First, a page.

A report from a tax comission created by Gov. Andrew Cuomo calls for a serious of administrative reforms aimed at simplifying and updating the state’s tax code and collection of taxes.

The 157-page report can be found here.

The recommendations are considered “revenue neutral” in that they don’t call for more taxes or seek a reduction in the overall amount collected.

The report calls for a modernization of the state’s sales tax and urges “more progressive ways” to find sales tax relief for low and middle-income earners.

Among the recommendations, the state’s sales tax on clothing and footwear under $110 would be repealed, with new sales taxes added elsewhere including coin-operated vending machine.

There are also a number of tax credits the report recommends altering, including a scaling back of the state’s generous film-tax credit, the investment tax credit and Brownfield tax credit, while also calling for a faster phase out of the 18a assessment surcharge on utilities.

The state’s estate tax should be eliminated on middle class earners and small businesses, the report suggests.

The report also makes a number of recommendations for simplying the collection of taxes and calls for a “review” of the best practices for tax administration in order to ensure compliance.

The commission’s report stresses that New York has one of the highest tax burdens in the country, but at the same time notes a positive feature of the state’s personal income tax is how progressive it is. The PIT accounts for about 40 percent of the state’s revneue.

But the report is perhaps most critical of how the state collects taxes, especially when it comes to property taxes.

“New York’s system of property tax administration has been ranked among the lowest in the 50 states,” the report says.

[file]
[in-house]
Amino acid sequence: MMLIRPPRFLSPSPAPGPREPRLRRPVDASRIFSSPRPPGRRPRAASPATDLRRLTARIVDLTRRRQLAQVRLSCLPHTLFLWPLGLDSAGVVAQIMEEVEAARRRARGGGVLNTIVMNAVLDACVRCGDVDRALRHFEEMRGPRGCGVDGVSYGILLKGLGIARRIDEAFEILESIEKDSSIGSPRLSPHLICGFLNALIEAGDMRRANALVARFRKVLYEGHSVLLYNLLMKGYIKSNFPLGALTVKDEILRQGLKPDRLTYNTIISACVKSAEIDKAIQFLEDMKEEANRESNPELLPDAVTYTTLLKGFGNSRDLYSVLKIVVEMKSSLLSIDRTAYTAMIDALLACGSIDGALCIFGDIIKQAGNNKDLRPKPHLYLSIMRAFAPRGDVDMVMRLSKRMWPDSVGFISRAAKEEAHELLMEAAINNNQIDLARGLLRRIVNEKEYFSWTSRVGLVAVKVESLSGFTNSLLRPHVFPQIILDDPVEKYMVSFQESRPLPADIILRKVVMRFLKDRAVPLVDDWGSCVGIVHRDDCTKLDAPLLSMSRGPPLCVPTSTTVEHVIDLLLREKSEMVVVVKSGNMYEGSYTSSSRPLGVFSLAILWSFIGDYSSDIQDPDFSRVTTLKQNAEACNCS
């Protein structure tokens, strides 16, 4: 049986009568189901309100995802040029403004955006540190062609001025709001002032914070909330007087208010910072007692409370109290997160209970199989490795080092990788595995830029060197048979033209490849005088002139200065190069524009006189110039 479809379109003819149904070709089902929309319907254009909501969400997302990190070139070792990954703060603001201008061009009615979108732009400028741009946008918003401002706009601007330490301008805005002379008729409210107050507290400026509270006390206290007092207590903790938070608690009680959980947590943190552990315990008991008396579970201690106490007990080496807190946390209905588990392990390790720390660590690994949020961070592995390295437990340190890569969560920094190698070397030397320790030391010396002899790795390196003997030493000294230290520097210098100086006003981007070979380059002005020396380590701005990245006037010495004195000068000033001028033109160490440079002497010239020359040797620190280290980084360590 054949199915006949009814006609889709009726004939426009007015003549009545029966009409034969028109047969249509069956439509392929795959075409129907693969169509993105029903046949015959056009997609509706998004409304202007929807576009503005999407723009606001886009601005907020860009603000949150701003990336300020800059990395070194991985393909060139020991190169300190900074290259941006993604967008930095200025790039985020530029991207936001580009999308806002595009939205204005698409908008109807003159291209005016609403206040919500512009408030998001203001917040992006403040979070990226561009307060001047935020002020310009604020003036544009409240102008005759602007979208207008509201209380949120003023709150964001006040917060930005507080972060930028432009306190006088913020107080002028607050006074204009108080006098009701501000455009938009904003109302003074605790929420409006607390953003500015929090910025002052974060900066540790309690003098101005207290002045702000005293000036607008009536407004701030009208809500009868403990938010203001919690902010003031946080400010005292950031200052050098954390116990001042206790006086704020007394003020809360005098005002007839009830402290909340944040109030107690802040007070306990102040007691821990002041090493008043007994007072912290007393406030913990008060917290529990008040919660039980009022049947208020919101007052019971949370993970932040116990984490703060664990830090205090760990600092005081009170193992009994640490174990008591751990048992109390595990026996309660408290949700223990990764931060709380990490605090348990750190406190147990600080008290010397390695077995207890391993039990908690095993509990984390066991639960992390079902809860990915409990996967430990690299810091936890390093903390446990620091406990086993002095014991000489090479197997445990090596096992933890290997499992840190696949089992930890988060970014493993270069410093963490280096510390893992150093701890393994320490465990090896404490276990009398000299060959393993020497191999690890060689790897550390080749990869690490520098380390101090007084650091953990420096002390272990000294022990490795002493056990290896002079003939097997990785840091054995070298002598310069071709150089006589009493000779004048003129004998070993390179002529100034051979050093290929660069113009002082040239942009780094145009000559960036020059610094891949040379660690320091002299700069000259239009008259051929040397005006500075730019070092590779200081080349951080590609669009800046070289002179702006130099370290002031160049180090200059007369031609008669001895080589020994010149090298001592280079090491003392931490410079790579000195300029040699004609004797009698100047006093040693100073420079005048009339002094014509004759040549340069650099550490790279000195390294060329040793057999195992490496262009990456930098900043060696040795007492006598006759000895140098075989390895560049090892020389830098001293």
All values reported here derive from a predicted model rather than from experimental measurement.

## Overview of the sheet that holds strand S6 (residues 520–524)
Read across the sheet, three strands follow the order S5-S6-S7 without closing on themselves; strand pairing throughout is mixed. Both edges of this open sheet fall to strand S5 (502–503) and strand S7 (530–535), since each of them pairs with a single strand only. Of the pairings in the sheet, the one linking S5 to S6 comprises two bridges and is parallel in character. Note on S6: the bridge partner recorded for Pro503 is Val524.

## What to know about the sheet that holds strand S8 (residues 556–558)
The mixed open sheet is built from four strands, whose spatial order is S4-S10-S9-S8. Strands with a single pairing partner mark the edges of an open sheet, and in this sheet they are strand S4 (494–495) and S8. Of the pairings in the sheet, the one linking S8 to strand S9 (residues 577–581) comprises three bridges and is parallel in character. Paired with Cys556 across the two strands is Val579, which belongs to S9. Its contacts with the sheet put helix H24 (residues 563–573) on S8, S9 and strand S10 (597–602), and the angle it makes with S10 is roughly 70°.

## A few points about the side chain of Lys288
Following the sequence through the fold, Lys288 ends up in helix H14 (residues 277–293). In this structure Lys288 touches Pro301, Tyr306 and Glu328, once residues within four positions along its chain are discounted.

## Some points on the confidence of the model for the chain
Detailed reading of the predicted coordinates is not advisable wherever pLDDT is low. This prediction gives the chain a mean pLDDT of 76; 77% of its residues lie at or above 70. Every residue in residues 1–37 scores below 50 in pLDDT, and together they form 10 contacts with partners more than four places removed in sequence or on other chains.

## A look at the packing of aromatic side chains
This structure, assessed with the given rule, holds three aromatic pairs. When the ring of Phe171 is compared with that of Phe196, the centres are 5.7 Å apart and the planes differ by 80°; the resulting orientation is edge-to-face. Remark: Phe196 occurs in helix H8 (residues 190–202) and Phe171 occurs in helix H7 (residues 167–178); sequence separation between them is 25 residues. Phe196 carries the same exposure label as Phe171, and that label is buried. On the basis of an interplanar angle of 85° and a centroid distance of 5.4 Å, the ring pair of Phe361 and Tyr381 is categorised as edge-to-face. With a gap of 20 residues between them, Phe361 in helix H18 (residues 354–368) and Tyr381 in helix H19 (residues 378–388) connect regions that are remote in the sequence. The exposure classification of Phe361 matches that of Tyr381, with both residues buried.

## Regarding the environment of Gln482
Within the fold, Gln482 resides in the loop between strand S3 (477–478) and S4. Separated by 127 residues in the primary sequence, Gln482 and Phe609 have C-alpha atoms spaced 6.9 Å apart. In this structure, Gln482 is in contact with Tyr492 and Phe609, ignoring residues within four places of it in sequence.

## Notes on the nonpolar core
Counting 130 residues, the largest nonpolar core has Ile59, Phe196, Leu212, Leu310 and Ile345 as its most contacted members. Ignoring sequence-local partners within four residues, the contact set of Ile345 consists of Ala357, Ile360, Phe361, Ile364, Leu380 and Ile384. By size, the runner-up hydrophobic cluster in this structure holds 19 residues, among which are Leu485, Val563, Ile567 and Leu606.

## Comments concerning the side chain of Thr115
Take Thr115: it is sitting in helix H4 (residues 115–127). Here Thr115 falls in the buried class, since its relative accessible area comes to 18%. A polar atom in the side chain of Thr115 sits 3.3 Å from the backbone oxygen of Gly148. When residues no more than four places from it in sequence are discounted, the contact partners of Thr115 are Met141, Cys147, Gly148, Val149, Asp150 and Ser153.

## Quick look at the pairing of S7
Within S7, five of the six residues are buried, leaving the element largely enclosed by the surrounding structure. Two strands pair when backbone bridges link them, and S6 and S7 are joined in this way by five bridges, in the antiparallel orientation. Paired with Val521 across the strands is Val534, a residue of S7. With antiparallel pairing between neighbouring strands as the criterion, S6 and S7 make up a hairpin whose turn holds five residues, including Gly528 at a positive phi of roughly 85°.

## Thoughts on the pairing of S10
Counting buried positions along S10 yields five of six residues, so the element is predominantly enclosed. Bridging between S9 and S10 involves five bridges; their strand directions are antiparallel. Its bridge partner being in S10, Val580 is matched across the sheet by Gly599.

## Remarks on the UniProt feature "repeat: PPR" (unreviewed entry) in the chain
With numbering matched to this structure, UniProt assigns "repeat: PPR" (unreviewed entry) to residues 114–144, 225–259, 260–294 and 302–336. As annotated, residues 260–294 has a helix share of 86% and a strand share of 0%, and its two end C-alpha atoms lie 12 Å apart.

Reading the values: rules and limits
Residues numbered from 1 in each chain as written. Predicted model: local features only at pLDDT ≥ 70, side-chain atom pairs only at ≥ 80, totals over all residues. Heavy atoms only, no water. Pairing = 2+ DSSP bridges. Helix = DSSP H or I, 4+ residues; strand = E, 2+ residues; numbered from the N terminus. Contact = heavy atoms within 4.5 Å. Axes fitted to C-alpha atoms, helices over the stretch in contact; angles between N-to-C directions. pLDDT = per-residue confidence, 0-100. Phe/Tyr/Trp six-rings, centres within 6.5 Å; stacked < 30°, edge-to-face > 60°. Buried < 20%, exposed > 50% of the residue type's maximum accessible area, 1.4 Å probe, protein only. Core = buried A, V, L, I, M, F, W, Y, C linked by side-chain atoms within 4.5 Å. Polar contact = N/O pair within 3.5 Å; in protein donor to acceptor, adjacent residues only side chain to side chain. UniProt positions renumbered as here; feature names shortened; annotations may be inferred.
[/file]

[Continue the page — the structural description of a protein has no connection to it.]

The commission found that there are nearly 1,000 assessing units in New York, more than most states of comparable size and that there is no single valution standard.

“These administrative features result in a lack of fairness and transparency in the administration of the tax and represent a compliance burden for businesses,” the report found.

The idea for the commission was first announced in December 2011, when Cuomo engineered an overhaul of the state’s tax code in the midst of political pressure to keep a surcharge on high income earners that was due to expire.

Though state officials in both parties called the action a tax cut, the overhaul generated revenue for the state that went toward paying down the budget.

A year later Cuomo appointed Peter Solomon and former Comptroller Carl McCall to co-chair the panel.

The commission is spearate from the effort that is also co-chaired by McCall and Republican former Gov. George Pataki that is charged with seeking ways to reduce the state’s tax burden.

The issue of state taxes will likely come to a head this legislative session as Cuomo has indicated he wants to find ways to cut taxes, while New York City Mayor-elect Bill de Blasio is entering office seeking a tax increase on those making $500,000 and more in order to fund universal pre-Kindergarten.

It’s yet to be determined where the cash to fund a tax cut will come from, considering that the deficit is estimated to be $1.7 billion from the coming 2014-15 fiscal year.